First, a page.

Also, you’ll need to copy the contents of the MainWindow.xaml and MainWindow.xaml.cs from the older project to the new. You can either delete the generated one in the new project and then add the existing one from the old project to it, or you can copy and paste the contents of both files (either will work fine here).

We’ll also need to a make a small change to the csproj file to use the AssemblyInfo.cs files that we copied from the Properties folder of the old project to the new one. Right-click on your project and choose the Unload Project options. Right-click it again and choose Edit FlexGrid101.csproj.

Within the PropertyGroup node add this line:


Save your changes, and right-click the project again and choose Reload Project.

Finally, we need to be sure that certain file types are included into the project correctly by setting the Build Action. For the Licenses.licx file (which is inside the properties folder) make sure the Build Action (set inside the properties panel) is marked as Embedded resource. Inside the Images folder, we’ll also need to change the Build Action to Content for each image as wells as the Copy to Output Directory option to Copy if newer. Finally, in the Resources folder be sure to change the Build Action for to Embedded resource.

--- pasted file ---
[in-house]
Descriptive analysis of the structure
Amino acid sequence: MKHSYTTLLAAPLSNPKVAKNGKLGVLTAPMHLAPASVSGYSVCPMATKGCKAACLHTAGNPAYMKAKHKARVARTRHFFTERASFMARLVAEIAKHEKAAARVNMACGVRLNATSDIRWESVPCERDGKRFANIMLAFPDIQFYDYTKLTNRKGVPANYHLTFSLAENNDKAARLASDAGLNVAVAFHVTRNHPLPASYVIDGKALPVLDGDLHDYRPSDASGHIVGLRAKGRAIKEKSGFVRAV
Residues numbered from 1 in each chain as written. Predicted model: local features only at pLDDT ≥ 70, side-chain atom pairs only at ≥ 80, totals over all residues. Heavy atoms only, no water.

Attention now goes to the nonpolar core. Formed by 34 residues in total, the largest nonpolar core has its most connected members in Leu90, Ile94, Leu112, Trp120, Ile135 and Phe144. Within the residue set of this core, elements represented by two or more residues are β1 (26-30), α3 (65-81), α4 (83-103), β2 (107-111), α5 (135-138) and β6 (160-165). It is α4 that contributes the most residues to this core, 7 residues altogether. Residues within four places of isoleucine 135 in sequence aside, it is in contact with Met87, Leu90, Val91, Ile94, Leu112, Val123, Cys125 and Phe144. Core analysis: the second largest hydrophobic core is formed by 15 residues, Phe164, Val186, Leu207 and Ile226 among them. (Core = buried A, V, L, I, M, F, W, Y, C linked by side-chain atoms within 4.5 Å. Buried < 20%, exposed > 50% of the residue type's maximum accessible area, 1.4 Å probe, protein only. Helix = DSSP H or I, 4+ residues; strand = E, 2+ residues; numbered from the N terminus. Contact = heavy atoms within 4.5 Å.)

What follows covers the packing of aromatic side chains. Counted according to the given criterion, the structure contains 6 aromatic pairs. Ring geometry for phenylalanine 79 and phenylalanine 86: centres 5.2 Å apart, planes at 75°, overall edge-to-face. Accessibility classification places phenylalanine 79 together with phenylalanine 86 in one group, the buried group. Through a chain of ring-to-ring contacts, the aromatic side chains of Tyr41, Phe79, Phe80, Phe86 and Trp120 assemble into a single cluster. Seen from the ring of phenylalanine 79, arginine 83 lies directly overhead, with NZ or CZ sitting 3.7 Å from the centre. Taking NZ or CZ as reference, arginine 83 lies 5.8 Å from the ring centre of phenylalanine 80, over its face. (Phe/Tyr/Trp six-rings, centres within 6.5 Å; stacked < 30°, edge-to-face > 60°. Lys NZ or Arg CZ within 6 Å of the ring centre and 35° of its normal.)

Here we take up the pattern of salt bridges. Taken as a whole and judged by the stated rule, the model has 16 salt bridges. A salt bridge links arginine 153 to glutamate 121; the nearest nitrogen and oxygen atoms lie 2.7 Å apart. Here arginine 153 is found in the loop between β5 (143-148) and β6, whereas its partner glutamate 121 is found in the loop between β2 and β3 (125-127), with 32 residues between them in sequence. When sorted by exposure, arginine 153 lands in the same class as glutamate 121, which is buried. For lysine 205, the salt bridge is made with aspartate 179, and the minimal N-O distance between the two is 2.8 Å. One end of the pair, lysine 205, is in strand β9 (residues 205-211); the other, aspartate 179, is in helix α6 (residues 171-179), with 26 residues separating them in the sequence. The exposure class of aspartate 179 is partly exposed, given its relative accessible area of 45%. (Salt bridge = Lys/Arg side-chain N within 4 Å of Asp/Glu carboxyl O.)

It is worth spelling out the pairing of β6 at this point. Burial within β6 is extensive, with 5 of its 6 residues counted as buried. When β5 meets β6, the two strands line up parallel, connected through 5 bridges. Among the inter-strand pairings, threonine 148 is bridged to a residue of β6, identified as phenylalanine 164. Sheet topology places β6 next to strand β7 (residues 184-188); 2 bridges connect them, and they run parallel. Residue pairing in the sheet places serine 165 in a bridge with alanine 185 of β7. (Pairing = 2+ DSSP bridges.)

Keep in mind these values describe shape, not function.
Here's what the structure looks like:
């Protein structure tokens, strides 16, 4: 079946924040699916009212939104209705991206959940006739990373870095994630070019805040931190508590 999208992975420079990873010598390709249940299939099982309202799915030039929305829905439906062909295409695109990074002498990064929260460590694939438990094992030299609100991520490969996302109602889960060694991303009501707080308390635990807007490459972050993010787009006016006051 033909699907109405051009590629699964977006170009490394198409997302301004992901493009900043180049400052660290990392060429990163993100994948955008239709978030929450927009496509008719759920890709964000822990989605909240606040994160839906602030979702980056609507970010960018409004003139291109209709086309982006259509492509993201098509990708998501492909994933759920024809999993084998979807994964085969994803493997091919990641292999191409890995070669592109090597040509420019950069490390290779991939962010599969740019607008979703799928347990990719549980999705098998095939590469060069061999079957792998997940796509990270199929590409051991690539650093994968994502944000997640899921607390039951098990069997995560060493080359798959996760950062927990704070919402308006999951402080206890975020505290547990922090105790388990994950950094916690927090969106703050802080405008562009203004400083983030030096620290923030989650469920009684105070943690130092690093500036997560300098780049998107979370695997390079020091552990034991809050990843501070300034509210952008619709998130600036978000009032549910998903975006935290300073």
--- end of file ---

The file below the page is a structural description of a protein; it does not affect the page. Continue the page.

At this point, you should be able to build and run the project.

.NET Core 3.0 Preview Caveats

Using the .NET Core 3.0 Preview for any kind of day-to-day work isn’t recommended at this point, as it’s obviously still work in progress. As the steps above illustrate, much of the project creation and migration processes require a lot of manual configuration from the user, and it’s possible to find some bugs and unfinished implementations presently.

The lack of designer support also makes working with the preview somewhat difficult, though Microsoft has committed to adding this feature in the coming months. Overall, .NET Core 3.0 will be an important change for developers, though this preview is merely the first step.

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Kelley Ricker